Title: Poisoned Blade (Court of Fives, #2)
Author: Kate Elliott
Publisher: Little, Brown Books for Young Readers, 2016
Genre: YA Fantasy
I can tell you right now, I won’t be surprised if people haven’t read the first one. I did and it was pretty forgettable, to be honest. I only gave Court of Fives ★★★☆☆. I wasn’t a fan of the protagonist and found her to be a bit selfish. But I can’t turn down a sequel, and it was available on Overdrive, so I requested it and read it.
I’m actually glad I did. I’m glad I gave this series a second chance.
Jessamy runs the Fives, a court designed with five different areas: Trees, Traps, Rivers, Pillars, and Rings. In the first book (don’t worry, I can keep this pretty spoiler-free), she sneaks out to race the Fives because she is not allowed to by decree of her father, Captain Esladas. After all that happened in the first book (see? Didn’t even go into it! 😉), Jess can now run the Fives as a sponsored member of Garon House.
This novel doesn’t focus so much on the risks Jess takes or her feelings toward Kal, a Patron-born (and therefore untouchable because of his higher-class standing) lord. This sequel focuses more on the Efean (the lower-class) frustrations with their current circumstances. And I liked that.
Jess is mocked, belittled, and generally treated like dirt. The only standing she has comes from her victories on the Fives court. As she beats other Advesaries, she gains respect. But as a “mule,” or mixed Patron/Efean child, she is not really considered a person. Add to that the fact she’s a woman, and Jess gets snubbed and ignored, and made to be a servant in most situations.
As I said, the first book made me irritated. Jess was the daughter of a Patron man and an Efean woman, and though they couldn’t marry, he lived with her and the children for years. When the family is torn apart, Jess focuses only on herself and her desire to become an Advesary. However, in this book we see class struggles, high stakes, and the machinations of a man obsessed with power. Though the book dragged at times, it reengaged me and reminded me that sometimes sequels can be better than the first book.
Is it Classroom-Appropriate?
Definitely. I wouldn’t use this book, though, because it picks up directly where the last book leaves off, and though it does a good job summarizing for those that have forgotten the events of the previous novel, it still would make more sense to use a first book in a classroom than a sequel. (I have to say, it took awhile for me to become familiar with the characters again…the first one was pretty forgettable). But I think Court of Fives could be used to show the problems with class conflicts (the Patrons are lighter skinned and more powerful, and the Efeans are dark and treated like slaves…sound familiar?) in the world. It shows how a young girl can go from a privileged household to one of poverty and slavery all because she loses her protection. It’s actually painful by the second book, but I could see some lively discussions whenever a book focuses on problems in a caste system. I would use Court of Fives and encourage the students to seek out Poisoned Blade when they are done. On their own time, of course.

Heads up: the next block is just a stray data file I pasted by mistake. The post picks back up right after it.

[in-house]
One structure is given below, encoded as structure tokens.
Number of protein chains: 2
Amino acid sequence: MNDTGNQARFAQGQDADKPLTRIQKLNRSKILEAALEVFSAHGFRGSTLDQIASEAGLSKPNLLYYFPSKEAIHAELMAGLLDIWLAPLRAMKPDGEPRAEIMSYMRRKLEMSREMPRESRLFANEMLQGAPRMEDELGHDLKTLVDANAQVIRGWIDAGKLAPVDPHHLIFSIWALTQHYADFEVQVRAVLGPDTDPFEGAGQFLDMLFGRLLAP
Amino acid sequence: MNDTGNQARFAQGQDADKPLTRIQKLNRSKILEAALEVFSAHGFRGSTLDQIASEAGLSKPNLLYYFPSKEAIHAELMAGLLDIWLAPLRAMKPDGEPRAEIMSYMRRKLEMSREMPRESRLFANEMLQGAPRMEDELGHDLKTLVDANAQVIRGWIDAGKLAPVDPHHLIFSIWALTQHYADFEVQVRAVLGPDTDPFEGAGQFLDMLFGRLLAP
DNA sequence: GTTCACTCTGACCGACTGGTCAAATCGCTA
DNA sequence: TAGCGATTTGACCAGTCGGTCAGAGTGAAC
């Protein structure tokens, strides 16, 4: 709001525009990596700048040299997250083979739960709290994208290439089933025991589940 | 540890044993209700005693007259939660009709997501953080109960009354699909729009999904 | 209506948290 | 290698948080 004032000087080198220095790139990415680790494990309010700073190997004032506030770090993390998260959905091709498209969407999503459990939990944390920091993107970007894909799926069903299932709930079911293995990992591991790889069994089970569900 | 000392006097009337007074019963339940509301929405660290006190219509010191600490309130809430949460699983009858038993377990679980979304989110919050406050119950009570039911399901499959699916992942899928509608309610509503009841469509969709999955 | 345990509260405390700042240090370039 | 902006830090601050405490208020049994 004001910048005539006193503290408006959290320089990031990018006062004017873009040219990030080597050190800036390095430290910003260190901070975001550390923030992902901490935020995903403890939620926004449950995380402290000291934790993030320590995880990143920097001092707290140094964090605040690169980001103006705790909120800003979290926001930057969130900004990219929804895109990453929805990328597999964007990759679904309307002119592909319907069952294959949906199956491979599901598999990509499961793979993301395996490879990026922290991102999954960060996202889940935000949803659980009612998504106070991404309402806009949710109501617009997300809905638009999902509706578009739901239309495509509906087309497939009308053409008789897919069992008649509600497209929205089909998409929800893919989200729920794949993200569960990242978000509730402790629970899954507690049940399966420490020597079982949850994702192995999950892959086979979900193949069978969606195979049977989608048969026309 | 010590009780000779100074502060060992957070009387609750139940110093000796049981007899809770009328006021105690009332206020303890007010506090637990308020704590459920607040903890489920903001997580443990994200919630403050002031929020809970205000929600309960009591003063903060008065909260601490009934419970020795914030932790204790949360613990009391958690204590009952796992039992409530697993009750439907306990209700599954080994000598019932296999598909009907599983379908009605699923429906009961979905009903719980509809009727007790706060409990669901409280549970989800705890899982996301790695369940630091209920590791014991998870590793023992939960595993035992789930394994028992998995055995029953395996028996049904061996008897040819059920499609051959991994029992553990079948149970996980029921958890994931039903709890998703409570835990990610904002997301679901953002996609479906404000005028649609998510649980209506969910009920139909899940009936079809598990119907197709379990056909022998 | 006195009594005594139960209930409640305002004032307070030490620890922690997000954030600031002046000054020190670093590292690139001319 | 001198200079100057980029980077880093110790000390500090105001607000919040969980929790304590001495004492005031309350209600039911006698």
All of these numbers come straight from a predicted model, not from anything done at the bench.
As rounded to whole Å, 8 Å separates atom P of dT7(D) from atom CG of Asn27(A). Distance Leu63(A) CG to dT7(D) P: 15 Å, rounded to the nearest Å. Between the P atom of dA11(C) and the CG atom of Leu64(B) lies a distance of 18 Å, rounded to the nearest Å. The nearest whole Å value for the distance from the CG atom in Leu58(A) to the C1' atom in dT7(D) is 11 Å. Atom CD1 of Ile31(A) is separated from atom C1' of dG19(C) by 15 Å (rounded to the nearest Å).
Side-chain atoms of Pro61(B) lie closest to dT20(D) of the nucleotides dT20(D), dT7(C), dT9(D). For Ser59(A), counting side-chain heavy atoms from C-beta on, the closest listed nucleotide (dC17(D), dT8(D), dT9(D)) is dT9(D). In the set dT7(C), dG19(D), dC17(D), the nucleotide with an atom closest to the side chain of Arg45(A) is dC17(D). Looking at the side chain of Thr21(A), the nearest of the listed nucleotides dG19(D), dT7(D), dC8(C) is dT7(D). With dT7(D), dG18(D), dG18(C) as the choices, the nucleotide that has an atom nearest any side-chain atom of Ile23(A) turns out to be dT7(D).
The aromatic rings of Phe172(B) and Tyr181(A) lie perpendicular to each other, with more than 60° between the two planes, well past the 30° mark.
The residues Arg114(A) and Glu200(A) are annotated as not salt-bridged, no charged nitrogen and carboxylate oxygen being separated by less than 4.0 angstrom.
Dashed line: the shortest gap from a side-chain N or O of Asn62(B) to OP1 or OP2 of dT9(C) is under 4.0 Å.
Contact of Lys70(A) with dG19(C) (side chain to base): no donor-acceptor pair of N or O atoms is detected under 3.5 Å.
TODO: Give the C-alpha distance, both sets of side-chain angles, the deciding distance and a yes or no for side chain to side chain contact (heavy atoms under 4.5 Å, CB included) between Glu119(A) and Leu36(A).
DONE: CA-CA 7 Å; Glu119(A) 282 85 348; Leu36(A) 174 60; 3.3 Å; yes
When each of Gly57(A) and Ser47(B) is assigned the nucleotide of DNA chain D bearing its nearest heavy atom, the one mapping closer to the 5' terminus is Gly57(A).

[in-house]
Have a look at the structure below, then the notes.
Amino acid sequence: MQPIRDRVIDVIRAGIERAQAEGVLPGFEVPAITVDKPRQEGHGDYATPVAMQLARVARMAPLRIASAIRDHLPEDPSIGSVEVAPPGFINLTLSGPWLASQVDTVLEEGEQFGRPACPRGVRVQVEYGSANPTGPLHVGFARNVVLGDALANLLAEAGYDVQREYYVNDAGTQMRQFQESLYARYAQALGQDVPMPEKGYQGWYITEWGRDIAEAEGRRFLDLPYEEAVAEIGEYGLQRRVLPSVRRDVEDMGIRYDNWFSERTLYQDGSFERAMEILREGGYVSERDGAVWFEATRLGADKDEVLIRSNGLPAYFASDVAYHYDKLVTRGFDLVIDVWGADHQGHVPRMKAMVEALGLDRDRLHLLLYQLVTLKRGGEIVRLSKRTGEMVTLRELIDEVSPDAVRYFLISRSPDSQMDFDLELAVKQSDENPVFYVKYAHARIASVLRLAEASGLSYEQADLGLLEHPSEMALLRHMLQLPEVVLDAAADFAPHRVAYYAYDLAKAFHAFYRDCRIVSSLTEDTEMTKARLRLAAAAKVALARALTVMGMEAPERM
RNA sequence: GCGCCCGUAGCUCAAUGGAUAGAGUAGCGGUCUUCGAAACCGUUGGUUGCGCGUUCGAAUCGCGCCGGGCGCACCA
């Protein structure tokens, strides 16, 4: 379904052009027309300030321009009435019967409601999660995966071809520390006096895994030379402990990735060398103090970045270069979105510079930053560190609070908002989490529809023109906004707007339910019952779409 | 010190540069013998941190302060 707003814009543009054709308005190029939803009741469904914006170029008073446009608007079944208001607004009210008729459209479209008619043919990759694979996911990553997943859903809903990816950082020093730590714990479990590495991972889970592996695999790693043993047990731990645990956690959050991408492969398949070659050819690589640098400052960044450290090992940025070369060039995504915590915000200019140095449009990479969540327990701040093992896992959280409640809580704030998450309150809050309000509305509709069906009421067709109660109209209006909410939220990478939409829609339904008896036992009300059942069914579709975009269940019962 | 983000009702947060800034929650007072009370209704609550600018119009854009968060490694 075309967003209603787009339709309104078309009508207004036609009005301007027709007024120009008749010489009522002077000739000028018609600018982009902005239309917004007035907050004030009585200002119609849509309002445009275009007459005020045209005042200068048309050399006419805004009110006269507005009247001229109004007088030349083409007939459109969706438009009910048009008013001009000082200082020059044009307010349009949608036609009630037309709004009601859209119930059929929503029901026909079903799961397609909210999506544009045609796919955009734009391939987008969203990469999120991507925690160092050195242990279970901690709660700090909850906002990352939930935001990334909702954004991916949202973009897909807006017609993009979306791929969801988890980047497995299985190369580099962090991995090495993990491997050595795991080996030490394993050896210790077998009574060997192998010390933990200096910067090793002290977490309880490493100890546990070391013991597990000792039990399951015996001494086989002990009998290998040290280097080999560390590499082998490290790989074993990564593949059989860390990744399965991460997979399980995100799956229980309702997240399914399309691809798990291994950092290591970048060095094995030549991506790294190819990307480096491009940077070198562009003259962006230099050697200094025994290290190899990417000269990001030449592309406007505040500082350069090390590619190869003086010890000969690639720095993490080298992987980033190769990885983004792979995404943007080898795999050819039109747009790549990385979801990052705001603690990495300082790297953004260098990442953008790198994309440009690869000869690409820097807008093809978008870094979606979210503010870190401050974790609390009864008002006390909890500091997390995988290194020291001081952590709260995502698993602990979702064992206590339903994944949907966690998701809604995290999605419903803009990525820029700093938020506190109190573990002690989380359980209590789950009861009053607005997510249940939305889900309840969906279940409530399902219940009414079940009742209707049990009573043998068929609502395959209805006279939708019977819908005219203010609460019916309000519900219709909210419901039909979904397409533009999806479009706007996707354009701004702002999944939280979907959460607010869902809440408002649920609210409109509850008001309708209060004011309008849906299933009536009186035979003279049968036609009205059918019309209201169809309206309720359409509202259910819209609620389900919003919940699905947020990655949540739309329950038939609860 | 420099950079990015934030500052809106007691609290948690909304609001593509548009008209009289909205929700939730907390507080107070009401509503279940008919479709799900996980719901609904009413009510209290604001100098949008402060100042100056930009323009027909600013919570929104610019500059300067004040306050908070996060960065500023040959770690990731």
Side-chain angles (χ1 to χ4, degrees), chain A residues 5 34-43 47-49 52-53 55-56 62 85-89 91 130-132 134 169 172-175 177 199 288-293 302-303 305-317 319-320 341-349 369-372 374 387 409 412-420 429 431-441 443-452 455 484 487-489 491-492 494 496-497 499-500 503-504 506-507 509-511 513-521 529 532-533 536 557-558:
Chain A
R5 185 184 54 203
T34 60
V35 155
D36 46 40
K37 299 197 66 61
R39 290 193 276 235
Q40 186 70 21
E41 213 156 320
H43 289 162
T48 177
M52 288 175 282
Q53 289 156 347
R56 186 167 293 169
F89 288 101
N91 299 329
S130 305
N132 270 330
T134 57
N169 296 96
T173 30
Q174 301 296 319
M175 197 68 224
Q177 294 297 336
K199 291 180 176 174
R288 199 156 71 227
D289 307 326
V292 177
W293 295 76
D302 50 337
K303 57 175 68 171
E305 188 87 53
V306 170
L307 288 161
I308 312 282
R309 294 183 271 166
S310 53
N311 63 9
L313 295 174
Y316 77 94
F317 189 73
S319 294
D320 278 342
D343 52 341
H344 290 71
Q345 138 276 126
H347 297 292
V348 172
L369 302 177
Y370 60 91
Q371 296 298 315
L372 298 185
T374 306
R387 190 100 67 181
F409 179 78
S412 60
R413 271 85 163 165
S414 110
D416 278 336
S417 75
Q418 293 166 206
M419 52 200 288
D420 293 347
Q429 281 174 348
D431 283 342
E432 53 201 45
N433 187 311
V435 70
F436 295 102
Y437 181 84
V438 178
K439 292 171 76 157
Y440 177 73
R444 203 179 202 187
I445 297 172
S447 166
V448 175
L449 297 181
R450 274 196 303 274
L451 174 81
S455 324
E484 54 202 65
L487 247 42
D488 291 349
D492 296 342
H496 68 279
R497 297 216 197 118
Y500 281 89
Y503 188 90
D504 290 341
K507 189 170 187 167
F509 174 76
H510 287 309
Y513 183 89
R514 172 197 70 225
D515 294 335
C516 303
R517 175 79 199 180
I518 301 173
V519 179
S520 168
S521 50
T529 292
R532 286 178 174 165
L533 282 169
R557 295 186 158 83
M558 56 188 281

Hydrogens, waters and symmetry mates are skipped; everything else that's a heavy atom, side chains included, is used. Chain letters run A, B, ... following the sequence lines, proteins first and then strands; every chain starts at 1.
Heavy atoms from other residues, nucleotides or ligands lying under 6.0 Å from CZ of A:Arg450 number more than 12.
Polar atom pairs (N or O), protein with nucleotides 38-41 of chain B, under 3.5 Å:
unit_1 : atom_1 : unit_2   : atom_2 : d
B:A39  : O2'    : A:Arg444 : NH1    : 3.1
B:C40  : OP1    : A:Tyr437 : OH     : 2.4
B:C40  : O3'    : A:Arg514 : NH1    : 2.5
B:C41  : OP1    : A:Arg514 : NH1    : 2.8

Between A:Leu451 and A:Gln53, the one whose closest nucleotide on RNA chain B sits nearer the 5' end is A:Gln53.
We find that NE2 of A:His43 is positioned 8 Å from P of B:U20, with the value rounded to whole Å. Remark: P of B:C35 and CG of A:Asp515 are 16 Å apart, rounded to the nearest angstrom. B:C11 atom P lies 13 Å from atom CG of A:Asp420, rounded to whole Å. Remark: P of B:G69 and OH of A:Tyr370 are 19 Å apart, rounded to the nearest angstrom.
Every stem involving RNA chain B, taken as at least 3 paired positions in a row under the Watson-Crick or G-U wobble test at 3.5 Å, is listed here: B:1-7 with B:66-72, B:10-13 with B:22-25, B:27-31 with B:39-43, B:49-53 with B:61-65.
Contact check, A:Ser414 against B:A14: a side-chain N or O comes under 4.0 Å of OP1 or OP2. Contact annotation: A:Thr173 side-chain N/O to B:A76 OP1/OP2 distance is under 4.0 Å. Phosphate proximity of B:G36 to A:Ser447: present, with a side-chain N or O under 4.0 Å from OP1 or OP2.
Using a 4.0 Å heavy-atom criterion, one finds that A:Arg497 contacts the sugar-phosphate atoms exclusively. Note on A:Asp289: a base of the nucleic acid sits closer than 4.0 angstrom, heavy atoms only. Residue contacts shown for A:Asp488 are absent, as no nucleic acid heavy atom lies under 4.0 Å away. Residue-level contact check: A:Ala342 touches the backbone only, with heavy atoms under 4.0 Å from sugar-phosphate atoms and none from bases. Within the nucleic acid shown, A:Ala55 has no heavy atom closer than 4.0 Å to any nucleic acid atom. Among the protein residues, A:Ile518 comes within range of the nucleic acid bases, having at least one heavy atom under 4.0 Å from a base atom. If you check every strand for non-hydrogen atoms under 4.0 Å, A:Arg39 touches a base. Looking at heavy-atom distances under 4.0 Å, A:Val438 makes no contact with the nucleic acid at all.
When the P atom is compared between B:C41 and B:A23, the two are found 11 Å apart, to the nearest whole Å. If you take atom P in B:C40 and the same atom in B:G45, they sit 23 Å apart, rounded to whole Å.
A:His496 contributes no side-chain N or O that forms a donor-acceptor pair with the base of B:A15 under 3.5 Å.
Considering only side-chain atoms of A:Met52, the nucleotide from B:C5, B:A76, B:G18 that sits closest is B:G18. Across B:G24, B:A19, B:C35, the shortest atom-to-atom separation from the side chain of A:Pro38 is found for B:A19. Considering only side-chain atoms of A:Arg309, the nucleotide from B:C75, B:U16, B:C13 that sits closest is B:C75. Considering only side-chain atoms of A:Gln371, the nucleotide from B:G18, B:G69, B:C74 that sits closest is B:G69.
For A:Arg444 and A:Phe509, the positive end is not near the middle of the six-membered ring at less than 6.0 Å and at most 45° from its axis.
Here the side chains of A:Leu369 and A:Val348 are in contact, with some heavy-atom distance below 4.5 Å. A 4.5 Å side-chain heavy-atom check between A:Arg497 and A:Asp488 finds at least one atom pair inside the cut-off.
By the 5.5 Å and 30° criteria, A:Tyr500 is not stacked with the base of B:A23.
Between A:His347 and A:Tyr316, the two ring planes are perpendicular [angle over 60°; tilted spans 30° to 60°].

This book actually seems to be rated for middle grade on Lexile.com. It recommends from ages 11-13, with a simple score of 940L. So easy readability for younger readers. Great!
Court of Fives, however, gets a rating for 14-17, and a Lexile score of 850L. So the scores are similar, but the first book is recommended for 14 and up, and the second book is recommended for 11-13?? Does that make sense to anyone?
This is where I come in and translate what the hell this means. Apparently no one realized that these two books went together when they rated them, and just rated on content alone. With Court of Fives focusing more on world-building and story-telling, it gets a higher rating. With Poisoned Blade simply following in the same world and therefore needing less world-building and development, it gets a lower rating. I’d honestly have switched those ratings, becuase I think the sequel is way more complex than the original.
So this is my opinion: I would recommend this series for ages 12 and up. There. Settled. I think this book works for reluctant readers as well as advanced, and can be enjoyed through adulthood (obviously). That was the weirdest Lexile rating I’ve ever seen for two books from the same series. Sigh. (Huh…I just realized the Educator’s Guide that o put up agrees with me…I’m becoming more of a teacher every day, lol!)
I give Poisoned Blade ★★★★☆. If you can get through Court of Fives withhout wanting to kill the main character, or if you can put aside your feelings toward her until the next book, pick this read up. It makes reading the first book worthwhile. If you can’t stand the patience it takes to read to a second book for the magic to happen, then skip the series all together. If you liked Court of Fives, then you’ll LOVE Poisoned Blade, and you’ll probably have five-starred the whole series so far. But there’s more coming! The next installment comes out next year, and here’s the cover:
Ha, watch that one get an age rating of 8-11 or something crazy like that, since as the book series continues, apparently the age level goes down (I will never understand Lexile age recommendations…I just won’t).